Nassau County Executive Edward Mangano has proposed new fees for a wide variety of county services that could bring increases for golf, home renovation permits, museum admission and parking at Nickerson Beach.

The fees, which require approval of the GOP-led Nassau County Legislature, represent the second increase in county fees in less than two years.

The $15 million in expected new revenue from the fee increases would be used to help defray the cost of new labor contracts for county employees, administration officials said.

The proposed fees come less than two weeks after the Nassau Interim Finance Authority, a state monitoring board in control of the county's finances, approved contracts for four county labor unions that are expected to cost at least $130 million.

Deputy County Executive for Finance Tim Sullivan said the fee increases will be factored into the county's four-year budget plan, which is being revised to account for the new labor costs.

NIFA chairman Jon Kaiman said county officials discussed raising fees to help pay for the labor deals, but noted that the board has no control over the hikes.

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Legislative documents indicate the fee increases also are needed to pay for higher maintenance expenses at county parks and to cover losses from traffic ticket scofflaws.

"Most of the fees bring the county on par with neighboring municipalities and defer the costs associated with delivering the service or making capital investments to improve the service," Sullivan said.

Legis. David Denenberg (D-Merrick) called the fee increases "nothing more than backdoor tax increase. A tax hike by any other name is still money out of the pockets of hard-pressed taxpayers."

The eight Democratic legislators plan to vote against the bills, said Minority Leader Kevan Abrahams (D-Freeport).

Sullivan said the hikes are "not a tax increase as these user fees are just that, a fee to defray the costs associated with discretionary service."

A spokeswoman said Presiding Officer Norma Gonsalves (R-East Meadow) still is reviewing the measures. The legislature has not scheduled a vote on the bills.

The nonpartisan Office of Legislative Budget Review reported last year that Nassau residents and businesses paid roughly $100 million in new or increased fees between 2011 and 2013.

In 2012, lawmakers approved fee hikes for transporting accident victims by police helicopter to hospitals, processing traffic violations, filing documents with the county clerk and obtaining home improvement licenses.

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Last week, Nassau said it would begin enforcing licencing fee increases, also passed by the legislature in 2012, on dry cleaners, junk dealers and home service contractors.

Under the new proposals, the Parks Department would raise the maximum amount it could charge for park activities, although Sullivan said officials would have discretion in implementing fee hikes.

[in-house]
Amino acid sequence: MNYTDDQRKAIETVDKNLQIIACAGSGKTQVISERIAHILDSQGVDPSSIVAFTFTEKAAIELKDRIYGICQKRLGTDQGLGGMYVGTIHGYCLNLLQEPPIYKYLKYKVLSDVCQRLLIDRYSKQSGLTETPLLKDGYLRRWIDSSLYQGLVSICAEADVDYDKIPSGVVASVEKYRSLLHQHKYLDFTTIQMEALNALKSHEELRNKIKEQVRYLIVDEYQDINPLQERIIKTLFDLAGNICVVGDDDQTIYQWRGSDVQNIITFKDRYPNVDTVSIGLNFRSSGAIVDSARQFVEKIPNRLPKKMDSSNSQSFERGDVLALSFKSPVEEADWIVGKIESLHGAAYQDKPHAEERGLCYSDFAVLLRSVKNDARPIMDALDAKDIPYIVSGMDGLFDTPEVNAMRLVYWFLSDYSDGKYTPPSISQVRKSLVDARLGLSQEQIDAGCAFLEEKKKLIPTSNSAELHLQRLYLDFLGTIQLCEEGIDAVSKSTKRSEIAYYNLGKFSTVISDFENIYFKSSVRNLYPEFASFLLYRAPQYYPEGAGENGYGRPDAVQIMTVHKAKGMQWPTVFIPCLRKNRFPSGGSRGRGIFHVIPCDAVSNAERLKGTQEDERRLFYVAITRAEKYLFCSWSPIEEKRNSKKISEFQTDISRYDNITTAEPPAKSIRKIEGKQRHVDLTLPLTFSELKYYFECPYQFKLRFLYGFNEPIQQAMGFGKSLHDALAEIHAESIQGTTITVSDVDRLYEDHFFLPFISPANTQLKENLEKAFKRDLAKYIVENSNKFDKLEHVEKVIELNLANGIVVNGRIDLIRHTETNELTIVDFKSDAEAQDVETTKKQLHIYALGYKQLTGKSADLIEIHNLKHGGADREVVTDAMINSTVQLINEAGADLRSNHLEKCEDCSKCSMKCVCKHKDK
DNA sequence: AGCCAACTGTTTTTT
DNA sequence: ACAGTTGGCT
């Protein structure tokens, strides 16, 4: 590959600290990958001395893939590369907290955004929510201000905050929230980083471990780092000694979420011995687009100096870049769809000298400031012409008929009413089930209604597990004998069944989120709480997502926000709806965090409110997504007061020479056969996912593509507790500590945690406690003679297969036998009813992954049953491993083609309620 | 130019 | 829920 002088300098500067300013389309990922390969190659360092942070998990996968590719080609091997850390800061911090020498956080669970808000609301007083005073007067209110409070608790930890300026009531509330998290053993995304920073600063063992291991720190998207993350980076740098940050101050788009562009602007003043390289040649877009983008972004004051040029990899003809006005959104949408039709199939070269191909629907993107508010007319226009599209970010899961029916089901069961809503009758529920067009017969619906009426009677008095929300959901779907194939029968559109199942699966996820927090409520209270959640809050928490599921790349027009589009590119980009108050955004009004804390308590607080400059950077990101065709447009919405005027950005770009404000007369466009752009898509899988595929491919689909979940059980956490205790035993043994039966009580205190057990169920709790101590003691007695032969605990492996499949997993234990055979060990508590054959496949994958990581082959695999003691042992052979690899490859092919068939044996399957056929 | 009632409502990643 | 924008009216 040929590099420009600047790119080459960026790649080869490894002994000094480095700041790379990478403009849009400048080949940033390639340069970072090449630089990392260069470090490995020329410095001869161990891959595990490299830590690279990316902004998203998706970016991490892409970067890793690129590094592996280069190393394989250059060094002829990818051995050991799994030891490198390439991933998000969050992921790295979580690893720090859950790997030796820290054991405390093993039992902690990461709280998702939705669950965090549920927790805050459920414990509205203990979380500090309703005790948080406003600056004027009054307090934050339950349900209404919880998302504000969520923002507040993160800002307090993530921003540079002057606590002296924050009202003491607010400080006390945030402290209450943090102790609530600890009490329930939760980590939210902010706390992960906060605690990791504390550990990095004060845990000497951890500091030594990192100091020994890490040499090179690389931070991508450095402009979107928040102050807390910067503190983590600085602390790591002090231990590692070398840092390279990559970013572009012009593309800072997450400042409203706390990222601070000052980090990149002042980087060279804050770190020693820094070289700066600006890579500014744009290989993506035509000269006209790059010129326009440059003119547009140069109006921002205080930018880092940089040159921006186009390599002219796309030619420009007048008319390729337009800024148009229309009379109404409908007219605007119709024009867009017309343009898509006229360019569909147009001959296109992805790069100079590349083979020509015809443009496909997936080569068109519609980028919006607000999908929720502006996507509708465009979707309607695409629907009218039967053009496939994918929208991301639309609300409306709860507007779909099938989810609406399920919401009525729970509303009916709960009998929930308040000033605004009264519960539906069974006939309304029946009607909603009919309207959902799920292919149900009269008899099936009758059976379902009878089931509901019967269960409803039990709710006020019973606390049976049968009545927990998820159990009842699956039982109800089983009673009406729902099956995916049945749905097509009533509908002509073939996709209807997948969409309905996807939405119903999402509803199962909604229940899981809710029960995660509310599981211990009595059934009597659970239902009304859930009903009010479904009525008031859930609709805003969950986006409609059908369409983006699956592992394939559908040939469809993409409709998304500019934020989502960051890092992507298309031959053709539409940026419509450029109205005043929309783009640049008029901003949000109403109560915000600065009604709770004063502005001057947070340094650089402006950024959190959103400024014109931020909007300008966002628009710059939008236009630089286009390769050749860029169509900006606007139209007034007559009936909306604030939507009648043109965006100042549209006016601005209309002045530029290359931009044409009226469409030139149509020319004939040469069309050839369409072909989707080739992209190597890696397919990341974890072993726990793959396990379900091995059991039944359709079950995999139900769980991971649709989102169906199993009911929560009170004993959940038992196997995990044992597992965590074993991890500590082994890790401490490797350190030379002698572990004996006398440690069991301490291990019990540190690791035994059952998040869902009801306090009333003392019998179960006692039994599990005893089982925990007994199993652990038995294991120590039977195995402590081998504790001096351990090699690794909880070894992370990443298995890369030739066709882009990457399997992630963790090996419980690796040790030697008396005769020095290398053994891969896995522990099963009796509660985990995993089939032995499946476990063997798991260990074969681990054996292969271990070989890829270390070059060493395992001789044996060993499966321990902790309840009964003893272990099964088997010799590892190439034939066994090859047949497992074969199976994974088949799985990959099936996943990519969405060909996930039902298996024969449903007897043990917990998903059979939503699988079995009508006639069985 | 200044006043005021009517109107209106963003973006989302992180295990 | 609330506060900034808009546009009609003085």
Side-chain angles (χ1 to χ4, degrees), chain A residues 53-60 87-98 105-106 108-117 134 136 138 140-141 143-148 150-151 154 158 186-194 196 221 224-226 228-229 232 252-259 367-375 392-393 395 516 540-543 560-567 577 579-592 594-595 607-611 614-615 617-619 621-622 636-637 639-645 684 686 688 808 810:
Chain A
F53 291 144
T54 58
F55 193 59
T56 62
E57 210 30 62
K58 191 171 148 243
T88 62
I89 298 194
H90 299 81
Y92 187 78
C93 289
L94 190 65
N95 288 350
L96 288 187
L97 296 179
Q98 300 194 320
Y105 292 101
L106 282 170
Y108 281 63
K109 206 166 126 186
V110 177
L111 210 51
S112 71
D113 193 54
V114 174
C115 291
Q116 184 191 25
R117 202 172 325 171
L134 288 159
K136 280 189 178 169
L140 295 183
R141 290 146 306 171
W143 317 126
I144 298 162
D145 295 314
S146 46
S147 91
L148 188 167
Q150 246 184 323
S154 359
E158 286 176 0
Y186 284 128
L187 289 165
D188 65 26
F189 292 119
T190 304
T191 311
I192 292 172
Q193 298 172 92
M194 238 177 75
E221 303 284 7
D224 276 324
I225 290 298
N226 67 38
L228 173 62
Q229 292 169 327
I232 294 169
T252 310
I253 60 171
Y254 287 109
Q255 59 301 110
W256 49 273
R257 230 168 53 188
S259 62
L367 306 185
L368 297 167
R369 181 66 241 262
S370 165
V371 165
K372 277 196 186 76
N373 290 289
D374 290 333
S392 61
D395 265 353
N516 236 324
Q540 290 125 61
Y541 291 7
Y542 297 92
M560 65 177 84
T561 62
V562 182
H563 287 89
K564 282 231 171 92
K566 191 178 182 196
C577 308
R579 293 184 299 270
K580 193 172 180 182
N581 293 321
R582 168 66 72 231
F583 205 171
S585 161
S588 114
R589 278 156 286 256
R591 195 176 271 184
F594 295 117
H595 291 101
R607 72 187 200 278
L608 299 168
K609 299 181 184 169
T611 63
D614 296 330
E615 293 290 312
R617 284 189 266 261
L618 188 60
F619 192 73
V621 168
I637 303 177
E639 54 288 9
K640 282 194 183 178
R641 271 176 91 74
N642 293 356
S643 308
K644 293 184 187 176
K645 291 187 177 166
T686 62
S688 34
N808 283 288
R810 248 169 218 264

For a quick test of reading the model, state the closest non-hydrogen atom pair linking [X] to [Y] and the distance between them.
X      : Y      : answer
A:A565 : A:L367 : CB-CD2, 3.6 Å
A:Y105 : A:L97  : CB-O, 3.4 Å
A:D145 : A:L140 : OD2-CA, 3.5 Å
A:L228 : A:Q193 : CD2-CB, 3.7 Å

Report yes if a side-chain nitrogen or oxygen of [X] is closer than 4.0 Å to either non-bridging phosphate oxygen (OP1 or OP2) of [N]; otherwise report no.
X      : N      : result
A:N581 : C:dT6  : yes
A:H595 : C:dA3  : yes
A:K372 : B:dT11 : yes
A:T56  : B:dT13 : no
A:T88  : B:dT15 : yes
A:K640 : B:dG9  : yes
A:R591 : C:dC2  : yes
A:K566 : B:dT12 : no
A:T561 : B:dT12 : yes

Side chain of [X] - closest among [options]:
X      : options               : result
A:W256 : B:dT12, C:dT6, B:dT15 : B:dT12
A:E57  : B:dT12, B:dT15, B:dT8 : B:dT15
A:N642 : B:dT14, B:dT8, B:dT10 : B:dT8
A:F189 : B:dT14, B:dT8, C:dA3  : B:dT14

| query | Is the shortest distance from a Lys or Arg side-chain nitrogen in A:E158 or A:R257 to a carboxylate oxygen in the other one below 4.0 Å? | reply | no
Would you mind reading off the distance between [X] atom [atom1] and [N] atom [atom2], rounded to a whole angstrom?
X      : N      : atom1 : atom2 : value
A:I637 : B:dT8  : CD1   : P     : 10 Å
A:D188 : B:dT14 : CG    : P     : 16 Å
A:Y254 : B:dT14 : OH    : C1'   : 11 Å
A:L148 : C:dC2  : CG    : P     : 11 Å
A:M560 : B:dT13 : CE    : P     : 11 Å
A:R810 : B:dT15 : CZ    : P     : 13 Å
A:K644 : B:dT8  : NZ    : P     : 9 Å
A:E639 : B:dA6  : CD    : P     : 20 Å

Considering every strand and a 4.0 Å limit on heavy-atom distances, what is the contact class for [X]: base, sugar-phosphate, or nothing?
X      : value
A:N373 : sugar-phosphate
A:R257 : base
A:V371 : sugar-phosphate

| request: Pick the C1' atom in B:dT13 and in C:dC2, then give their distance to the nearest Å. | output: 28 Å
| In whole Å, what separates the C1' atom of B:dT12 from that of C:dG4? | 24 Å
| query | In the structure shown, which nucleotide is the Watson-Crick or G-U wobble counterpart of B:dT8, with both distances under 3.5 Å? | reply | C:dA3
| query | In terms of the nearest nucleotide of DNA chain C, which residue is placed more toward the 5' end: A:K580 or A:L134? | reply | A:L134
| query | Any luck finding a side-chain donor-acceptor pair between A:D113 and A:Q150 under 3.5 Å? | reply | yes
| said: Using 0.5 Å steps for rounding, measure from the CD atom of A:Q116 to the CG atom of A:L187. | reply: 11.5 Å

Parks fees could rise, officials said. For example, the maximum for a daily parking pass at Nickerson Beach for Nassau residents with a Leisure Pass would go from $8 to $10. More than 15,000 Nassau residents paid the daily beach parking fee last year.

Golfing at Eisenhower Park's three 18-hole courses would cost residents a maximum of $4 more. For example, the price for residents to play the Blue course on weekends would increase from $36 to a maximum of $40. In 2013, more than 154,000 rounds of golf were played at Eisenhower.

Maximum admission for adults at Old Bethpage Restoration Village would go from $10 to $11, while the maximum admission at Tackapausha Museum and Preserve in Seaford would rise from $3 to $4.

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The Traffic and Parking Violations Agency is proposing six new processing fees, including $15 for scofflaws who fail to respond to tickets and $75 for motorists who don't appear for hearings. The fees will generate about $2 million in annual revenue, officials said.

The owners of more than 44,000 vehicles have at least two outstanding Nassau parking tickets and owe the county $29.2 million, while the owners of nearly 34,000 vehicles have at least two outstanding red light camera tickets and owe the county $8.2 million.

A private vendor hired by Nassau has booted more than 5,400 cars since March 2012 and towed 193 vehicles, allowing the county to claw back more than $3.6 million in outstanding fines and fees, Sullivan said.

The Department of Public Works would boost fees by 13 percent to 20 percent for administrative functions, including reviewing applications for building permits forwarded to towns, cities and villages and inspecting renovated properties.

Officials said the hikes are needed because of the high amount of staff time dedicated to reviewing and administering the applications.Another bill would allow Nassau Police to boot and tow vehicles with a combination of two unpaid parking or red light camera tickets. Nassau currently boots and tows vehicles with three unpaid parking tickets or three unpaid red light camera tickets.

The Assessment Department would hike the cost of verifying property lot records from $50 to $75, bringing Nassau's costs on par with Suffolk.

The department for the first time would also charge to produce radius maps required when a property owner needs a permit or variance from a town or village. The maps are now available only from private companies.